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Skin autofluorescence is elevated in neovascular age-related macular degeneration
  1. D J Mulder1,
  2. M Bieze1,
  3. R Graaff2,
  4. A J Smit1,
  5. J M M Hooymans3
  1. 1Department of Medicine, University Medical Center Groningen, The Netherlands
  2. 2Department of Biomedical-Engineering, University Medical Center Groningen, The Netherlands
  3. 3Department of Ophthalmology, University Medical Center Groningen, The Netherlands
  1. Correspondence to Dr DJ Mulder, Department of Medicine, University Medical Center Groningen, PO Box 30.001, 9700 RB Groningen, The Netherlands; udomulder{at}


Background/aims Skin autofluorescence (AF) is a non-invasive marker for advanced glycation endproducts (AGE) in tissues, making use of their characteristic AF pattern. The aim of this study was to investigate whether skin AF is increased in patients with neovascular age-related macular degeneration (AMD) compared with healthy controls.

Methods Skin AF was assessed in 73 consecutive patients with active and documented neovascular AMD without evidence for diabetic or hypertensive retinopathy and in 31 healthy age-matched controls. Exclusion criteria were: known renal disease, current inflammatory or malignant disease, or skin type V or VI. Skin AF was measured on the forearm and was calculated as a ratio of mean intensities detected from the skin between 420–600 and 300–420 nm. Student t test and χ2 test were used to compare differences between groups.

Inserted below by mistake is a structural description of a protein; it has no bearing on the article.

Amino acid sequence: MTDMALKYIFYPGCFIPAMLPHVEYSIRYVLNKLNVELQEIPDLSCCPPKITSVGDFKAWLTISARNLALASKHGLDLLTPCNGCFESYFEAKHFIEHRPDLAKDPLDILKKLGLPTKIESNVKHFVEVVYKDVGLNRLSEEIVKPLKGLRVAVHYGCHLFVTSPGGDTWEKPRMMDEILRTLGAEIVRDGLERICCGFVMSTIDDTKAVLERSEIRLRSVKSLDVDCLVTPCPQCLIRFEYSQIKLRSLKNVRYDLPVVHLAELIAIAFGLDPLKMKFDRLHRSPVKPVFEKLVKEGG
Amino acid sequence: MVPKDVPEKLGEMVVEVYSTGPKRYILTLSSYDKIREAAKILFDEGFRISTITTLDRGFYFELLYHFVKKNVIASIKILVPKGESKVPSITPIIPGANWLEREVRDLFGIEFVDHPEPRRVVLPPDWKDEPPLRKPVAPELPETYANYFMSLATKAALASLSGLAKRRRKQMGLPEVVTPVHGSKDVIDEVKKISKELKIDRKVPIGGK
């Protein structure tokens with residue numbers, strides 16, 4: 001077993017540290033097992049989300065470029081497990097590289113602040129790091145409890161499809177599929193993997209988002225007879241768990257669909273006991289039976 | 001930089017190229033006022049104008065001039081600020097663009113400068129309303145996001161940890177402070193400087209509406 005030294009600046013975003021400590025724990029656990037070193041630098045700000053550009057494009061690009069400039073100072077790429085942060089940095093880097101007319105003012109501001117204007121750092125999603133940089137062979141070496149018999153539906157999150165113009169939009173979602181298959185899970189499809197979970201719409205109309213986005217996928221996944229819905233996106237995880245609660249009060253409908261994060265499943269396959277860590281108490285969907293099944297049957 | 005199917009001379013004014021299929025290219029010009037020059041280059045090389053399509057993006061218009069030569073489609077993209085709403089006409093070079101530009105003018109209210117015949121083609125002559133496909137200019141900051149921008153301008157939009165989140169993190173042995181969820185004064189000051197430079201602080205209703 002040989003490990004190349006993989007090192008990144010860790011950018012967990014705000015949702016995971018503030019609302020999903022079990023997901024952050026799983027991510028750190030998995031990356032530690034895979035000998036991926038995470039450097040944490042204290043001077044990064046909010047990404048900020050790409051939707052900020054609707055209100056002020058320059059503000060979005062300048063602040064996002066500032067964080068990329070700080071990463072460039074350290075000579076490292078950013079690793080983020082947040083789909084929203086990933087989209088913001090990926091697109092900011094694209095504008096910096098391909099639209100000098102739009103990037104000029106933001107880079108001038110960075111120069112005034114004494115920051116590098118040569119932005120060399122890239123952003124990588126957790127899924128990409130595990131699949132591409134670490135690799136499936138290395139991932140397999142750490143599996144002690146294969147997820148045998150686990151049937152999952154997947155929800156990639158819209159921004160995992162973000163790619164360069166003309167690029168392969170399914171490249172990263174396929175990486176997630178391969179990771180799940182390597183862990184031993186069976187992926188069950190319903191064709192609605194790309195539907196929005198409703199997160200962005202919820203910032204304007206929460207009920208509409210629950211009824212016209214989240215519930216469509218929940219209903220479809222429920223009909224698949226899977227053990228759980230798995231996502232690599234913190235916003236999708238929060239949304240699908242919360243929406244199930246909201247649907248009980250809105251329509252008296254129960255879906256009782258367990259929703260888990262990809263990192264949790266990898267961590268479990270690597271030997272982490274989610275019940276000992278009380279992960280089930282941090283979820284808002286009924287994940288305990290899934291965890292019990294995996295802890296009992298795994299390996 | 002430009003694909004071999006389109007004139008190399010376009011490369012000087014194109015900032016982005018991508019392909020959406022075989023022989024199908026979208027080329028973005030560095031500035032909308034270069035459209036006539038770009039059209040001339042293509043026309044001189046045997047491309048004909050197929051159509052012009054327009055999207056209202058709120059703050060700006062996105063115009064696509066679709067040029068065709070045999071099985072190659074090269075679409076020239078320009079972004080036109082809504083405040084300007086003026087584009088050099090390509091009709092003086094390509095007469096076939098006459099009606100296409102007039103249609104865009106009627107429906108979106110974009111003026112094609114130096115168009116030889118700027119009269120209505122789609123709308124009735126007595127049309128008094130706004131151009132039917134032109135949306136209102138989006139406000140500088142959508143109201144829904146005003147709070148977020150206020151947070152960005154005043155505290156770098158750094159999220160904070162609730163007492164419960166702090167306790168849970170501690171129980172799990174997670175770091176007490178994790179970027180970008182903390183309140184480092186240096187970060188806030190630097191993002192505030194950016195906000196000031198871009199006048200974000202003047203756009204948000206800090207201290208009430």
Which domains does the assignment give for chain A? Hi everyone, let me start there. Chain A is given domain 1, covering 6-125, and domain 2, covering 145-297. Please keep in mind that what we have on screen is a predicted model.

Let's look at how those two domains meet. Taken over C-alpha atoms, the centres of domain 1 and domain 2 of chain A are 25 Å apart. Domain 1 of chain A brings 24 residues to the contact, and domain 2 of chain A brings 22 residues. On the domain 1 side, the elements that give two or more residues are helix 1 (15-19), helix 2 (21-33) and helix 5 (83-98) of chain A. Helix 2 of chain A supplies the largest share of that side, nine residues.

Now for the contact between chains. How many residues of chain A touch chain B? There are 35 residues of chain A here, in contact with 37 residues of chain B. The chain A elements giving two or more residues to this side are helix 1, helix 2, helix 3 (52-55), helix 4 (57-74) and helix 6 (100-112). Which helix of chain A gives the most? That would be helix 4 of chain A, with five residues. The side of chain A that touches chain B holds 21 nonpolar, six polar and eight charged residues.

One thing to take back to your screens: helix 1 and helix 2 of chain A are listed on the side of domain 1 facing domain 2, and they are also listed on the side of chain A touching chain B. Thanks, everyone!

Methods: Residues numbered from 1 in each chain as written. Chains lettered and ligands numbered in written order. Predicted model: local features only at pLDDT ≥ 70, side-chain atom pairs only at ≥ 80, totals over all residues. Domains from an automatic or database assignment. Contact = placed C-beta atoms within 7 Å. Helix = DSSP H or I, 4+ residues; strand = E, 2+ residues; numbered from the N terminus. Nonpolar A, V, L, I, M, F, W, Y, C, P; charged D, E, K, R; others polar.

Results Skin AF was increased in neovascular AMD compared with controls (2.57±0.68 vs 2.23±0.63 arbitrary units × 10−2; p=0.018). In patients without vascular risk factors or cardiovascular disease, skin AF was not significantly higher than that of the controls. Skin AF correlated with age in both patients and controls.

Conclusion Skin AF is increased in patients with neovascular AMD, suggesting that AMD is accompanied by enhanced systemic AGE accumulation, which may indicate a role in the pathophysiology of AMD.

  • Advanced glycation endproducts
  • age-related macular degeneration, autofluorescence
  • inflammation
  • oxidative stress

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  • Competing interests R. Graaff and A. J. Smit are founders of DiagnOptics, The Netherlands, which manufactures the AGE Reader, based on the prototype used in the study reported here. The remaining authors have no competing interests to declare.

  • Ethics approval This study was conducted with the approval of the Medical Ethics Committee of University Medical Center Groningen, The Netherlands.

  • Provenance and peer review Not commissioned; externally peer reviewed.